Method: The Colour Keys Method by Zoltán Vass + Guided Meditation
Self-representation as a practical exercise is a topic that touches objectivity, but also abstraction which may be less tangible to represent and systematise in the act of drawing – the action of marking a paper surface. This activity focused those abstractions and subjectivities, developing them as creative processes and using drawing as mean of self-representation. In this activity there were addressed emotional and symbolic readings of colour, as a starting position to develop self-reflection and introspective thinking, which were after associated with guided meditation in order to deepen the reflections and generate visually plastic results.
Description of the activity
Although the session had individual work as its core, it opened with a presentation exercise, in order to introduce everyone to the group and settle the work environment. After the presentation activity, the group dived into the colour exercises. Adapting the “Colour Keys” method to the context, the group was guided through different stages on which they had to represent abstractions on paper, using colours on paper. From the experimentation of colours, to the representation of body, life stages, and finally concepts matched with colours (3 important words for the person, and 20 other such as “me”, “father”, “mother”, “sexuality”, “happiness”, “shame”, “anger”, “mood”, etc.). These associations are an important point as they, besides closing the activity, are the key to each one to identify connections between the colours used in the abstract drawings and the subjective meaning they have.
The meditation came into play as a process which intends enhance the way we perceive and interpret colour, as well as to deepen the observations and conclusions about ourselves. The meditative process was guided in order to create a path to our individual sanctuary and an invitation to inhabit that place for a period of time. After the meditation, the participants were asked to represent two moments of the path and as well as the shelter/place they created, using colours and abstract drawing.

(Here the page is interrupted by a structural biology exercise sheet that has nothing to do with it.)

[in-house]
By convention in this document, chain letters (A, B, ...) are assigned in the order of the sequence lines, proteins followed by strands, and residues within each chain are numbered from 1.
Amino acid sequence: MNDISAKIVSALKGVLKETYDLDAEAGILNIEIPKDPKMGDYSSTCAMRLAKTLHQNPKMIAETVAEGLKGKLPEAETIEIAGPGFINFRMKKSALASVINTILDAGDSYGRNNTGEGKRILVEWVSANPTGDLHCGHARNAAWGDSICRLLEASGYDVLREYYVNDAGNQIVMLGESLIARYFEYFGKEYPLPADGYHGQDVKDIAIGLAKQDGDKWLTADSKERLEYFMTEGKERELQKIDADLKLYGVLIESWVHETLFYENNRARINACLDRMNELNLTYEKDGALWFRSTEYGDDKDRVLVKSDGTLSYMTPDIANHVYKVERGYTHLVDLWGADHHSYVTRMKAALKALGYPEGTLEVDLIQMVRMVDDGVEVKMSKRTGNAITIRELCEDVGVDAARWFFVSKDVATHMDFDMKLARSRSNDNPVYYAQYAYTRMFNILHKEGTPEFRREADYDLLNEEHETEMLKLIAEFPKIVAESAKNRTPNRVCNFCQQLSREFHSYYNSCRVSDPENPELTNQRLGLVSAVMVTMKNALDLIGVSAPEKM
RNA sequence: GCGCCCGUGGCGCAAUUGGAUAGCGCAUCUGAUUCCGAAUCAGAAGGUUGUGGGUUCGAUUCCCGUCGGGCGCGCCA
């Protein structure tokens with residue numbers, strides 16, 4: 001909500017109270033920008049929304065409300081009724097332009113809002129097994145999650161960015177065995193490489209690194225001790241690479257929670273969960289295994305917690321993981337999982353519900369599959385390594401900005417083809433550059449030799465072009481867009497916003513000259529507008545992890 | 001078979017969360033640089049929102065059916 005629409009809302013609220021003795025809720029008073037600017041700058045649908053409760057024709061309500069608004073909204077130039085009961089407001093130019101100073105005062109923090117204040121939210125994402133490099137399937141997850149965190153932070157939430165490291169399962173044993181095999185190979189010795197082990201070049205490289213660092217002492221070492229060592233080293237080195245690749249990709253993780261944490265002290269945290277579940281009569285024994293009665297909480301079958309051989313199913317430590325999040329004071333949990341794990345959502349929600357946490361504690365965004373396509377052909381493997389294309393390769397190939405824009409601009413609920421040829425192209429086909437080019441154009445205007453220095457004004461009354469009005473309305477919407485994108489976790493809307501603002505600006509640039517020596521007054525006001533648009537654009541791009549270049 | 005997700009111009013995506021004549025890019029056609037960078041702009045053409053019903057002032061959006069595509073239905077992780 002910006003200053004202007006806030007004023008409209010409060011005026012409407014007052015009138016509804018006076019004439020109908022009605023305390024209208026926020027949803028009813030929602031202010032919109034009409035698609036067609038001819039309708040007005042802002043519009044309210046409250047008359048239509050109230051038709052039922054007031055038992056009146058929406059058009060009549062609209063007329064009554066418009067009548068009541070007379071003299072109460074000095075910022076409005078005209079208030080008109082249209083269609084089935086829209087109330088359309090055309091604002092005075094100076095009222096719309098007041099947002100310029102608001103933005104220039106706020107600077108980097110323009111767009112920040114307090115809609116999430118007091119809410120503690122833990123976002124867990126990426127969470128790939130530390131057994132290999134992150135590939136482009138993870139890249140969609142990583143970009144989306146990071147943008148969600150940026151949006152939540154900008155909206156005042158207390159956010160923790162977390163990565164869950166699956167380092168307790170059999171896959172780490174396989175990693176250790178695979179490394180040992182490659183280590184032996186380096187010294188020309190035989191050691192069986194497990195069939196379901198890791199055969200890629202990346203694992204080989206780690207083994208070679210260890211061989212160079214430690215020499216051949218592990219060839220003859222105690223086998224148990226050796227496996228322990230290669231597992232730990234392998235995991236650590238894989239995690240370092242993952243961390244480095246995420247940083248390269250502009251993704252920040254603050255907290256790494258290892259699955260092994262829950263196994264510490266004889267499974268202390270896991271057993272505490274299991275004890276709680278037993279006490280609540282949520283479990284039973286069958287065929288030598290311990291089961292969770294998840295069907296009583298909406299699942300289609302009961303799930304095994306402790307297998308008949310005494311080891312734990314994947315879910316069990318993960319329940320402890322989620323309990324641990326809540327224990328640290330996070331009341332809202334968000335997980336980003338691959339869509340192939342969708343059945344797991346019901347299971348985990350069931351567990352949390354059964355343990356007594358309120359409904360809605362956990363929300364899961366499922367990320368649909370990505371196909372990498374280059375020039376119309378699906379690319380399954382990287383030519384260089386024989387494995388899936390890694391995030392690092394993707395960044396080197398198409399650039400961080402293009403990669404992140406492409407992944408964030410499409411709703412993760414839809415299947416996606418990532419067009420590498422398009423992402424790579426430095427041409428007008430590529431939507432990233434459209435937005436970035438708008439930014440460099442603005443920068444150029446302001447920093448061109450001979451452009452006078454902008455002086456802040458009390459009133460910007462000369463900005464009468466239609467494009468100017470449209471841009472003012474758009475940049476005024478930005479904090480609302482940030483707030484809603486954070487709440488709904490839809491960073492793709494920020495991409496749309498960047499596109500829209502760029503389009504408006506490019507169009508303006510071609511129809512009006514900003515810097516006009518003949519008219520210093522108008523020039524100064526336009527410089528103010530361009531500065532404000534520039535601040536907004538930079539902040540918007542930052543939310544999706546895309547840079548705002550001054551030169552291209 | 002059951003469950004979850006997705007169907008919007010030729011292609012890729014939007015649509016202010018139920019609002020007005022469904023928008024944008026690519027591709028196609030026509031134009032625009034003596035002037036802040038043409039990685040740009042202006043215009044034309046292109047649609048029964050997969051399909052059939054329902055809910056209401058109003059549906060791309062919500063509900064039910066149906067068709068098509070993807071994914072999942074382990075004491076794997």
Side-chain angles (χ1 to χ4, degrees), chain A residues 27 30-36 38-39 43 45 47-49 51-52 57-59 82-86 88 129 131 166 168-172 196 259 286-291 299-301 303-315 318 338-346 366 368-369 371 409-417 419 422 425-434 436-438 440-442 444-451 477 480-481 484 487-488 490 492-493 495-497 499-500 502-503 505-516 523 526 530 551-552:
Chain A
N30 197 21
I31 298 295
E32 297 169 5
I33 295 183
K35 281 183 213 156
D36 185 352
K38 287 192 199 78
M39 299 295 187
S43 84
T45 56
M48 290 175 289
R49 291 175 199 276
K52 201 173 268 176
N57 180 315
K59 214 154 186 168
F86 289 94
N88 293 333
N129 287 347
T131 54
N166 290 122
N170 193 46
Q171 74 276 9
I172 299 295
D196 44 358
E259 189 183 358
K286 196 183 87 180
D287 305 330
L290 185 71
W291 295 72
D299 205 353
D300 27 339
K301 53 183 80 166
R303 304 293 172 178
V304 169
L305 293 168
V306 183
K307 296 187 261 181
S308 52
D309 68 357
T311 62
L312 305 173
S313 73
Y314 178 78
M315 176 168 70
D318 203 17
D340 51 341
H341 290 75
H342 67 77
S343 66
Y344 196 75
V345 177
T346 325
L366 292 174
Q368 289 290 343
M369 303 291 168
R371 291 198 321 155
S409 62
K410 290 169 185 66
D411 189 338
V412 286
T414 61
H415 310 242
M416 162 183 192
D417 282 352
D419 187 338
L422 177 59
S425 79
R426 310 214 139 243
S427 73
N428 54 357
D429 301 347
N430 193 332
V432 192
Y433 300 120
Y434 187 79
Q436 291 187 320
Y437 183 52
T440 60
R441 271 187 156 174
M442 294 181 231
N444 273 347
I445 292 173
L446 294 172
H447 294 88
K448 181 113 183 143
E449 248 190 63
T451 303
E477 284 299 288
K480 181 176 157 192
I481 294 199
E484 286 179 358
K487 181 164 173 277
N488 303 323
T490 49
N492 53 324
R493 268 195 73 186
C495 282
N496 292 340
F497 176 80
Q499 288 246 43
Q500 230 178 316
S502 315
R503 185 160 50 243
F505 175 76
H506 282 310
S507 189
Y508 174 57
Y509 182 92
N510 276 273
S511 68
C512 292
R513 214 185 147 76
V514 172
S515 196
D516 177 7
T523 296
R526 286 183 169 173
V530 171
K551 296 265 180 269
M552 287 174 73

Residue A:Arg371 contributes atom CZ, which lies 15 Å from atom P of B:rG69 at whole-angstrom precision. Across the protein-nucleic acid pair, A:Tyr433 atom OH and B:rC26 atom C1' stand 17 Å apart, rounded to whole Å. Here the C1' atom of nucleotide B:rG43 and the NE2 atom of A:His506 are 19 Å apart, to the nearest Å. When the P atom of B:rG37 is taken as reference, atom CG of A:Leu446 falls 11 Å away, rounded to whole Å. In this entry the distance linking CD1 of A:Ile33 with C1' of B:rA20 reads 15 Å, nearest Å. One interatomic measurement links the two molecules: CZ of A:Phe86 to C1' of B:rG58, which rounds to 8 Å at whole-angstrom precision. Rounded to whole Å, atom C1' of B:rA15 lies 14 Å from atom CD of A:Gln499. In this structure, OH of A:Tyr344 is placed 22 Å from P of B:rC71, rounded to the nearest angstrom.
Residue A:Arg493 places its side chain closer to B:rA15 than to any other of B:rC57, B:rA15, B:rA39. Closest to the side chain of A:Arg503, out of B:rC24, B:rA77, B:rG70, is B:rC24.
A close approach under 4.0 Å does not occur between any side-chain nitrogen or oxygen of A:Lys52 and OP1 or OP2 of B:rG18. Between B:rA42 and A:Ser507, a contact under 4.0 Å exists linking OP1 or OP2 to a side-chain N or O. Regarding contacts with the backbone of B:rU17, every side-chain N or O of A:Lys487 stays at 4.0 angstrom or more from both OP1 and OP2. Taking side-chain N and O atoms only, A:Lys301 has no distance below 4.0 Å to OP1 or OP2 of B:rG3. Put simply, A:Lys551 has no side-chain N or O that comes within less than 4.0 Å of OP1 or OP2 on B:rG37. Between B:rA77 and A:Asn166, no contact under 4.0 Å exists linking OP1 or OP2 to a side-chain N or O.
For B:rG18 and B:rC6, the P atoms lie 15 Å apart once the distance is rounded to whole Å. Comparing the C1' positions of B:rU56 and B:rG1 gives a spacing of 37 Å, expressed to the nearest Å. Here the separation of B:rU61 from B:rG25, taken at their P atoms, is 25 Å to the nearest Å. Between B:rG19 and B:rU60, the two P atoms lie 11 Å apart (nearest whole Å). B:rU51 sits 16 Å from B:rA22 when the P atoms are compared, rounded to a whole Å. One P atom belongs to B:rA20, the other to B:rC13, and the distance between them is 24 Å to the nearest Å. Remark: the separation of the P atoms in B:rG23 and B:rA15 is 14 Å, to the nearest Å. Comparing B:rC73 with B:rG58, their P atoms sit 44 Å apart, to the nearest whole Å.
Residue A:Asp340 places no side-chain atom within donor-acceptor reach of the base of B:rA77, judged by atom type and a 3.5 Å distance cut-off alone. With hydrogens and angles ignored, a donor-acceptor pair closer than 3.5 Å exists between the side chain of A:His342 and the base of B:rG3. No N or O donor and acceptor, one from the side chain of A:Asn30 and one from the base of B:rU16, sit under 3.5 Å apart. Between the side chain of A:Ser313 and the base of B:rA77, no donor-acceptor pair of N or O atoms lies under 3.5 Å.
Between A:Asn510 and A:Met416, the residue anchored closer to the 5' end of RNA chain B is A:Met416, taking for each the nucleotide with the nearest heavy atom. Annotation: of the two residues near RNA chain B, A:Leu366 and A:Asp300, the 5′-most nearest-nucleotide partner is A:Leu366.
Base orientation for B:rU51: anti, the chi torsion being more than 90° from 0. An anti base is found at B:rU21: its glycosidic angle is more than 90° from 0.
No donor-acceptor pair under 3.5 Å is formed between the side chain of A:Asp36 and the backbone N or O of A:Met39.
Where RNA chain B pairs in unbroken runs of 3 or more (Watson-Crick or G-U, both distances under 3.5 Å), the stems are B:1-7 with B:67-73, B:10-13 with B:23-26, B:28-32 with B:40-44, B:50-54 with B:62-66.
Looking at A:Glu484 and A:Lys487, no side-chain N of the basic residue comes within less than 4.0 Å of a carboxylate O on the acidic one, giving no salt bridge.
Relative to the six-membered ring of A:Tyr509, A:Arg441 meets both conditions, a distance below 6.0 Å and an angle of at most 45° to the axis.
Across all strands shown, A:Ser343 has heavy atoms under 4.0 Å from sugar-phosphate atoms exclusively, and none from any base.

Finally, results were presented by the participants, which shared their opinions and perceptions, presenting some conclusions and assessing the process they experienced. As the closure stage appears of utmost importance when doing exercises that reflect emotional or psychological dimensions, the session closed with some stretching and drama exercises, in order to finish the work process.
Using drawing as a mean and plasticity as a motive, these methods appear as a possible tool to work amongst different communities and groups, working sensitive issues as identity, values or ethics, promoting self-reflection and self-knowledge processes. This method proves also useful as it can be developed without invading explicitly the subject personal space (which can be a core issue in social contexts), giving one the power to mediate how deep one wants to present and be observed with words, having at one’s hand a platform which can represent different depths of representation only understood by the person who performed the drawing act.